Young man is sitting in bed and watching pornography on laptop

I am totally obsessed with porn watching. What would I have to do to reduce this ?

Responses

  • Michael Castleman says:

    You say you’re “totally obsessed.” What exactly does that mean? How often do you indulge? For how long at a sitting?

    The vast majority of men with Internet connections—and many women—watch porn. The world’s largest porn sites log more than 60 billion visits a year. That’s more than 10 a year for every person on Earth. So simply watching is normal and not necessarily any indication of obsession or compulsivity.

    How long do you watch? Most visits last 5 to 10 minutes, just long enough for the viewer to masturbate to orgasm. That’s the purpose of porn——a visual aid for self-sexing. After viewers come, they click away. Do you click away after orgasm? Or stay for hours on end? If you come and then click away, you’re normal. If you stay for hours at a time, that may be a problem. Here’s the test: Does your porn watching interfere with school, work, family obligations, time with friends, or partner sex with your lover? If not and you indulge during free time you might otherwise spend watching TV, pursuing hobbies, or engaged in other discretionary activities, that’s probably not a problem. But if your porn use is interfering with your life, then I urge you to consult a sex therapist for counseling.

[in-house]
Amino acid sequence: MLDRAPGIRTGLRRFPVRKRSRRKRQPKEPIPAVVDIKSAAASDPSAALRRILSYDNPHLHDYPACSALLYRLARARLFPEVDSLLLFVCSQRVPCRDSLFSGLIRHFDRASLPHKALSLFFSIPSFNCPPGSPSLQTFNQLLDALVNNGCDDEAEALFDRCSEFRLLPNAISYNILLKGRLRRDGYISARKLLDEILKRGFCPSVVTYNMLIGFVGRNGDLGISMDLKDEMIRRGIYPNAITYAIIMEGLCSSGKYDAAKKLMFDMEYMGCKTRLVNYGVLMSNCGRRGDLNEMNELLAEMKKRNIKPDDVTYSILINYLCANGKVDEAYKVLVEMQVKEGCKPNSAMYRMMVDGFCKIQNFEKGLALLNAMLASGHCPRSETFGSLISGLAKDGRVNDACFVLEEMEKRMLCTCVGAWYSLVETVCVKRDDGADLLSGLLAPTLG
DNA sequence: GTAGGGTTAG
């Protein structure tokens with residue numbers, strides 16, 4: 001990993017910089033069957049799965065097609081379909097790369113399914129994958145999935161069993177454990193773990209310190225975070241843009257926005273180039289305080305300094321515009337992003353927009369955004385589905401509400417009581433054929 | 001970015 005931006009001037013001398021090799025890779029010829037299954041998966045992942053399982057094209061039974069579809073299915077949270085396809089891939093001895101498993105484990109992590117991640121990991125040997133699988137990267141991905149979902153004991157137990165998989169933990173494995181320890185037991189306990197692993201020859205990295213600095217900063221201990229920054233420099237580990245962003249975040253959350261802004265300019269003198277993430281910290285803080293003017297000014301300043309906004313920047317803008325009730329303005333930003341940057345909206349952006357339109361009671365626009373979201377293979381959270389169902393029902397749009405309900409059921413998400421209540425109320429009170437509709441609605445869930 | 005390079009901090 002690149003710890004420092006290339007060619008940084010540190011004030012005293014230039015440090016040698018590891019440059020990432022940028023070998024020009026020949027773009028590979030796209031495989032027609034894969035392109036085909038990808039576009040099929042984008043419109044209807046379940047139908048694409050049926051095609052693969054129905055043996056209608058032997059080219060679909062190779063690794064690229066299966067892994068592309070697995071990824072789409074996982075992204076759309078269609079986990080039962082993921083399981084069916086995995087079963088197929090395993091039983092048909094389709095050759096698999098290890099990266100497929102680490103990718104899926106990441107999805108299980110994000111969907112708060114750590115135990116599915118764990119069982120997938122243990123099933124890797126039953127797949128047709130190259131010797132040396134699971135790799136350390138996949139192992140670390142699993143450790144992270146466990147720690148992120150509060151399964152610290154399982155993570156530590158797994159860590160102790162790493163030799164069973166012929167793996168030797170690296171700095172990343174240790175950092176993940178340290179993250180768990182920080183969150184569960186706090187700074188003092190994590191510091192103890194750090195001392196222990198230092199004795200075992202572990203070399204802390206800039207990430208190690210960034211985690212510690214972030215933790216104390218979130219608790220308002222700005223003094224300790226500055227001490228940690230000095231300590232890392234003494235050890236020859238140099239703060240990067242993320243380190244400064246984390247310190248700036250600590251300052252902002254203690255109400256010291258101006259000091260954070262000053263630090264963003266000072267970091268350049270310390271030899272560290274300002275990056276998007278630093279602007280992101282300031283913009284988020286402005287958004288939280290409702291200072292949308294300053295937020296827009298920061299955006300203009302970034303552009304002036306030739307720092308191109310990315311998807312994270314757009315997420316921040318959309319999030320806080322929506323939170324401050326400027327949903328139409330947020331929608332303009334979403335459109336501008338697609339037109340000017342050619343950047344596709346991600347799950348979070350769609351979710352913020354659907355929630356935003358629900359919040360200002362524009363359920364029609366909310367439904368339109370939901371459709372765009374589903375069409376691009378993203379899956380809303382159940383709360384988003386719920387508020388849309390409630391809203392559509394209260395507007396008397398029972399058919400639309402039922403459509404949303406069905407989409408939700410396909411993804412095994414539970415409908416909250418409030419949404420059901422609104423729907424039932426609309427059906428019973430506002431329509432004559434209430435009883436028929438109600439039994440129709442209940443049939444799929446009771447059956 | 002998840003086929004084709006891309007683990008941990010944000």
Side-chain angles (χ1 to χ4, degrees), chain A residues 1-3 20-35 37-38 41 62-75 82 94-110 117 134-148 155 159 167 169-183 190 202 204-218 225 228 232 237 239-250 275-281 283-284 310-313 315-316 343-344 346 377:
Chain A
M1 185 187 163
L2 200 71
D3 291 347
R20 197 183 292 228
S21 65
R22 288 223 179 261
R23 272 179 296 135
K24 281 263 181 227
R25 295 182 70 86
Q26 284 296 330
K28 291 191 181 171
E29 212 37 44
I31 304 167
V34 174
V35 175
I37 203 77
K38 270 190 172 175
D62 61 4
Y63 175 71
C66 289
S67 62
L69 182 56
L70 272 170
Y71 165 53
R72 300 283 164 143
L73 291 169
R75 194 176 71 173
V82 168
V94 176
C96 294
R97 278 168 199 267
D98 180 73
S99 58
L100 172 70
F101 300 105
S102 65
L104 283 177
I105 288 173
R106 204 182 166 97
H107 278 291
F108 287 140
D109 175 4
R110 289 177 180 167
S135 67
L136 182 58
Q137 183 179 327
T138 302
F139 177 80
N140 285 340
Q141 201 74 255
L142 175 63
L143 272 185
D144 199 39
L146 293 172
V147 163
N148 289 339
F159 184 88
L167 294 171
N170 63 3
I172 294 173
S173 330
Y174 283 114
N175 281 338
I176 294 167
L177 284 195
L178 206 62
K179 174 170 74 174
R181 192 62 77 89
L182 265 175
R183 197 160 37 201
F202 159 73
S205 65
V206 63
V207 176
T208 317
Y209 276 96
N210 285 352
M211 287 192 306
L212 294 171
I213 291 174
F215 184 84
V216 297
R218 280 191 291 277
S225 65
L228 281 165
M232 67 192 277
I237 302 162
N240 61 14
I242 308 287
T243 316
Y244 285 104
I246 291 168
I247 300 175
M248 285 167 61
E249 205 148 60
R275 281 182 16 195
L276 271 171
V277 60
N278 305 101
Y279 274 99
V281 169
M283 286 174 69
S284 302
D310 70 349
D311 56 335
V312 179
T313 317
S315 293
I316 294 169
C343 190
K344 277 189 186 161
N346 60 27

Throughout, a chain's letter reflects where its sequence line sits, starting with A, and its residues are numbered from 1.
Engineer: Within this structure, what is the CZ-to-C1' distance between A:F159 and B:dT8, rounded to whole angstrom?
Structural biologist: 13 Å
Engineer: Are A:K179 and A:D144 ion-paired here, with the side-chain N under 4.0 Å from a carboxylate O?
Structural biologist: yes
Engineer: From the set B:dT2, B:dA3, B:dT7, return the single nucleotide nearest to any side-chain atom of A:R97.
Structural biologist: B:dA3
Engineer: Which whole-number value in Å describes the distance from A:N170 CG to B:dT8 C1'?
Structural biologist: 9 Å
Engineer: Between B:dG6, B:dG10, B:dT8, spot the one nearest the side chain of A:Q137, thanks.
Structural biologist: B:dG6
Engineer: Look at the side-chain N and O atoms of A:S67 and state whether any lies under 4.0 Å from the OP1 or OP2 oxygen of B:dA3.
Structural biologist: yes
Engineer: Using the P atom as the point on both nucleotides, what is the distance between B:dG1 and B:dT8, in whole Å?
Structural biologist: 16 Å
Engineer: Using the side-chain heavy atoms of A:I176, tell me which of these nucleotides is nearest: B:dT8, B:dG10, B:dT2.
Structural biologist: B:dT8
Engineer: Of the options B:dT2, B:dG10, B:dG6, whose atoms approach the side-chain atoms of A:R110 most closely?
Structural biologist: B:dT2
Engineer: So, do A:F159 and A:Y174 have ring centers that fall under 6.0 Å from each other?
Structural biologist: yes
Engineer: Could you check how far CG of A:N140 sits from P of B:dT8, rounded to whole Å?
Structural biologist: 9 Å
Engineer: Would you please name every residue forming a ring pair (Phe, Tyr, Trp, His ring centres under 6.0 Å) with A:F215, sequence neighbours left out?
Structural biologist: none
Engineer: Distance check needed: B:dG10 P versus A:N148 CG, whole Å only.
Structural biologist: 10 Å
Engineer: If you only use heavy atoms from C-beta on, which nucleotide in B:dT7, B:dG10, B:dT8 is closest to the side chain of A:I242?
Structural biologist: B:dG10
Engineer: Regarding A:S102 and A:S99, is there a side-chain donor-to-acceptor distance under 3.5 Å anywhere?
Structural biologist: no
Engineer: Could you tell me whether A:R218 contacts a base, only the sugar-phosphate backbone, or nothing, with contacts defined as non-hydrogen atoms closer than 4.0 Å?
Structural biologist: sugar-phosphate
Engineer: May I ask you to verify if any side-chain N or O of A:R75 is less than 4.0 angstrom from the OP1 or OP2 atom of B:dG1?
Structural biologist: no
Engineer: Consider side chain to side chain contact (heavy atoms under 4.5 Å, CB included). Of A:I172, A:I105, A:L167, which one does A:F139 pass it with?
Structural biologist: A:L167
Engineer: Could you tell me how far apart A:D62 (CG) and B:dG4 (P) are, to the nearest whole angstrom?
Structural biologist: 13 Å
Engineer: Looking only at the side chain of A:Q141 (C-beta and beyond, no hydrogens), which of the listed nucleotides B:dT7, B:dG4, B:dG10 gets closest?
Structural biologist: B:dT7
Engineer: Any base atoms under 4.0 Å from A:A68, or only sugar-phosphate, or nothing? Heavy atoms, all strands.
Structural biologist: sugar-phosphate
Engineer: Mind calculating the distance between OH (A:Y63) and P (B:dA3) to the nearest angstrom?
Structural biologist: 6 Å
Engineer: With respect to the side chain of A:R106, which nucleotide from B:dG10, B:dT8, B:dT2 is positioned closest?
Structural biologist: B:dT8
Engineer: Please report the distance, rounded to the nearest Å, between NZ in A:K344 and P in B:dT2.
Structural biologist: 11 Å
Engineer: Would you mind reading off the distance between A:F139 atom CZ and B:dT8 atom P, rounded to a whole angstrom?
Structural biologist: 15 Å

If you’re unfamiliar with sex therapy, the therapist does NOT have sex with you and does NOT watch you have sex. Sex therapy is a form of talk-based psychotherapy with “homework.” It usually takes four to six months of weekly one-hour sessions. It costs $200-400/hour, though many therapists discount fees for those who can’t afford standard rates. And I don’t think you’d need many visits to get clarity about your habit. For more, read my low-cost article, An Intimate Look at Sex Therapy, and/or see the film, “Hope Springs” with Meryl Streep and Tommy Lee Jones. To find a sex therapist near you, visit the American Association of Sex Educators, Counselors, and Therapists, the Society for Sex Therapy and Research, or the American Board of Sexology.

    Chances are you’re not “totally obsessed” with porn. True compulsivity is rare. But it wouldn’t hurt to talk with a professional so you can clarify its role in your life and make any changes necessary so you don’t feel out of control.

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